China's currency yuan is expected to become an important global reserve currency, although it will not challenge the U.S. dollar's dominant role in the international monetary system, said a U.S. economist on Wednesday.
In the short term, the U.S. dollar's status in the world remains unrivaled, but in the long run, there would be a different picture if the U.S. economy fails to support its global privilege, Barry Eighengreen, professor of Economics and Political Science at the University of California, Berkeley, said at a book discussion event at the International Monetary Fund (IMF) in Washington.
The dependence on dollars by banks, corporations, and governments around the world is a source of strength for the United States, said the financial historian, also the author of a new book entitled Exorbitant Privilege -- The Rise and Fall of the Dollar and the Future of the International Monetary System.
However, recent events have raised concerns that this may soon be a privilege lost, he said.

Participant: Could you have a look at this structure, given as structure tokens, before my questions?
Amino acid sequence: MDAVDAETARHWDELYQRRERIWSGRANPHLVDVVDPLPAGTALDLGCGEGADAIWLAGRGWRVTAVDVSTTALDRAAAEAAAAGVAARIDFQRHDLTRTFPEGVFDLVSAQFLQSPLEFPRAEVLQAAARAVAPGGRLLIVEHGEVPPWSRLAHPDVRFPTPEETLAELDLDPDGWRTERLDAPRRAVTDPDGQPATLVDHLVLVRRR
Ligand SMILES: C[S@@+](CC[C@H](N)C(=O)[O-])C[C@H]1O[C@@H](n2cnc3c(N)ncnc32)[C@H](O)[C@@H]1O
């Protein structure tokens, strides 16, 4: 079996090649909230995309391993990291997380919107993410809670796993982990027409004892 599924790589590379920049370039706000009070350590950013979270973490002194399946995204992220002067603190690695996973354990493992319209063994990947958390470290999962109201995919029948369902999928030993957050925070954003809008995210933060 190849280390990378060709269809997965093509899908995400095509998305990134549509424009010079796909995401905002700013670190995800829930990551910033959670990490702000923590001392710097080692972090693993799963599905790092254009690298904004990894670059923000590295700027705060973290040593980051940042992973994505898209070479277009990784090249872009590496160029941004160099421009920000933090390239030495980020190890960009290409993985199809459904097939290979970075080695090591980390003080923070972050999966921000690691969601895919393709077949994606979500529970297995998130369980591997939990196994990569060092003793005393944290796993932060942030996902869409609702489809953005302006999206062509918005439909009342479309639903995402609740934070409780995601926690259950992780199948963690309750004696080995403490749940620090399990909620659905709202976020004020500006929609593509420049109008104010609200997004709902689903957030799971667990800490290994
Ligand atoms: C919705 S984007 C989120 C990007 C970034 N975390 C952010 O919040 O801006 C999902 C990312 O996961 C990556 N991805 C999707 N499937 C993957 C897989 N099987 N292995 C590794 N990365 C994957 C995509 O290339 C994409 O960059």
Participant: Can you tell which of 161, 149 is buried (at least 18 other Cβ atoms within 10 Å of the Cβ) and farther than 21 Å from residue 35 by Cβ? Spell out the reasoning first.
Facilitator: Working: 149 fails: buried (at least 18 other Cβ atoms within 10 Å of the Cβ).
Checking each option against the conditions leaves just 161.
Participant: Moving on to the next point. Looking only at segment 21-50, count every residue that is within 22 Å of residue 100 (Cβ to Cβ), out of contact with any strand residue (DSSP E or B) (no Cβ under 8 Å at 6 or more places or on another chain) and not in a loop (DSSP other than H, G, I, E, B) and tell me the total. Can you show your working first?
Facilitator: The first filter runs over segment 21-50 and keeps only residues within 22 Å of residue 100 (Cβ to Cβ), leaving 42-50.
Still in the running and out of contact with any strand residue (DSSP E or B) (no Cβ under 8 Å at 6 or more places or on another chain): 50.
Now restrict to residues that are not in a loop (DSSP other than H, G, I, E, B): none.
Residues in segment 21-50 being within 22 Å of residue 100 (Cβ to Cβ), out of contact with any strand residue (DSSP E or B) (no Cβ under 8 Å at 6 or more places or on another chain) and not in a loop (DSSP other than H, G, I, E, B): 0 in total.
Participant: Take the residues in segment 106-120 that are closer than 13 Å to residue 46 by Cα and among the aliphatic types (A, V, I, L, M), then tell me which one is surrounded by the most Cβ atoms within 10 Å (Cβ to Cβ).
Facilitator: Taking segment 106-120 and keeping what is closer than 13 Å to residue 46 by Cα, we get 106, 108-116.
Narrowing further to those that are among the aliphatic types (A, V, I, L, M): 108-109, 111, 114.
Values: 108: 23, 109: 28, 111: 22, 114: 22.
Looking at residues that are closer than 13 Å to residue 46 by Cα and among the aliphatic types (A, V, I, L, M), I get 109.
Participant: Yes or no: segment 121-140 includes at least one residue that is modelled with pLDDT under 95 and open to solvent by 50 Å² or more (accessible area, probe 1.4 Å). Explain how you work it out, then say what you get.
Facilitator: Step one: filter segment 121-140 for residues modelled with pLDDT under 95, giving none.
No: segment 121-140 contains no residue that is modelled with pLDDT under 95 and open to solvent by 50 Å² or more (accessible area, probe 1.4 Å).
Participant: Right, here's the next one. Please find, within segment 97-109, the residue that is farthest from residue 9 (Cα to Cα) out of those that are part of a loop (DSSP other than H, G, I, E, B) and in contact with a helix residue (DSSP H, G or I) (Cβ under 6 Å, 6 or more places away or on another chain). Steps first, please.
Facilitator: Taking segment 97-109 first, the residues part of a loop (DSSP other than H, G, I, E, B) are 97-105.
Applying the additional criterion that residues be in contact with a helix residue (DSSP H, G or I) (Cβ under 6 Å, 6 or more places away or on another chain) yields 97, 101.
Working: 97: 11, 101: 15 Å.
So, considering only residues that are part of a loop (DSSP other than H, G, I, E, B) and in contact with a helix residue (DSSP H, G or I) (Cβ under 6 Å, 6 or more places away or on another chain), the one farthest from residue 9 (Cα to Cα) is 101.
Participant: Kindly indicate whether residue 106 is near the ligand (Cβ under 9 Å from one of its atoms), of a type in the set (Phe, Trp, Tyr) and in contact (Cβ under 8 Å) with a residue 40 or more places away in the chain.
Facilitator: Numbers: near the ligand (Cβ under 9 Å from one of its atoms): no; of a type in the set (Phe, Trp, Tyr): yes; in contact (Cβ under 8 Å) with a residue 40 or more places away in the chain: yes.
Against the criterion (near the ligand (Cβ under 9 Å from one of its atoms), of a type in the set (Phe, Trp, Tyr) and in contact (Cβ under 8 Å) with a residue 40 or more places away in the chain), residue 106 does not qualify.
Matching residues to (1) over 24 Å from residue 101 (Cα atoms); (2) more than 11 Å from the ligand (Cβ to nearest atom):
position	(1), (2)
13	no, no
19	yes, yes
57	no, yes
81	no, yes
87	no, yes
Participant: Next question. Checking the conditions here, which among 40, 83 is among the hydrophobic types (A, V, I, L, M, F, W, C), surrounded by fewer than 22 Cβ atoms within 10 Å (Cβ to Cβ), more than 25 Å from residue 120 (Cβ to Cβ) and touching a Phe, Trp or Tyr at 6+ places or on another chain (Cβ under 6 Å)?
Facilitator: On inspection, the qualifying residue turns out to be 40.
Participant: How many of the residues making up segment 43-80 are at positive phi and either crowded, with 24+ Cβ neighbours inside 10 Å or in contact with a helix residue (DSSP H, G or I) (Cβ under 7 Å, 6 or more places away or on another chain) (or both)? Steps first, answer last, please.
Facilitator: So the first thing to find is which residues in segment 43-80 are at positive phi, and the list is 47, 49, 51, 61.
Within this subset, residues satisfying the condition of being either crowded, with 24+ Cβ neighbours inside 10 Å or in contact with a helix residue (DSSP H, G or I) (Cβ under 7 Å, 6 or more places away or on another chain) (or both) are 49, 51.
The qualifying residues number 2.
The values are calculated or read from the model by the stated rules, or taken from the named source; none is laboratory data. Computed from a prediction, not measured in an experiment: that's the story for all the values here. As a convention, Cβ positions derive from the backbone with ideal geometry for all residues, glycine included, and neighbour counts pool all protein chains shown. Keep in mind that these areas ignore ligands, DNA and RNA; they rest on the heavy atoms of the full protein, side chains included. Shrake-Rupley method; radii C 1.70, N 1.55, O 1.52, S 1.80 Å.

With the latest financial crisis and the rise of the emerging market economies, noticeably China, America no longer towers over the global economy, said the professor.
Eighengreen projected that in about ten years, there would be three major global reserve currencies, including the U.S. dollar, which will account about 50 percent of the global share; Euro will account 30 percent; and Chinese yuan, also known as RMB, account 15 percent.
The dollar will lose its international currency status, Eichengreen warns, if the United States repeats the mistakes that led to the financial crisis and if it fails to put its fiscal and financial house in order.
The greenback's fate hinges, in other words, not on the actions of the Chinese government but on economic policy decisions in the U.S., he added.
According to U.S. Treasury Department, the world's largest economy has been running more than 1-trillion-dollar federal government deficit for three consecutive years. U.S. debt to GDP ratio is about 8.6 percent currently. More and more people within the United States worry about the country's fiscal sustainability, which in turn will have negative impact on the dollar's future.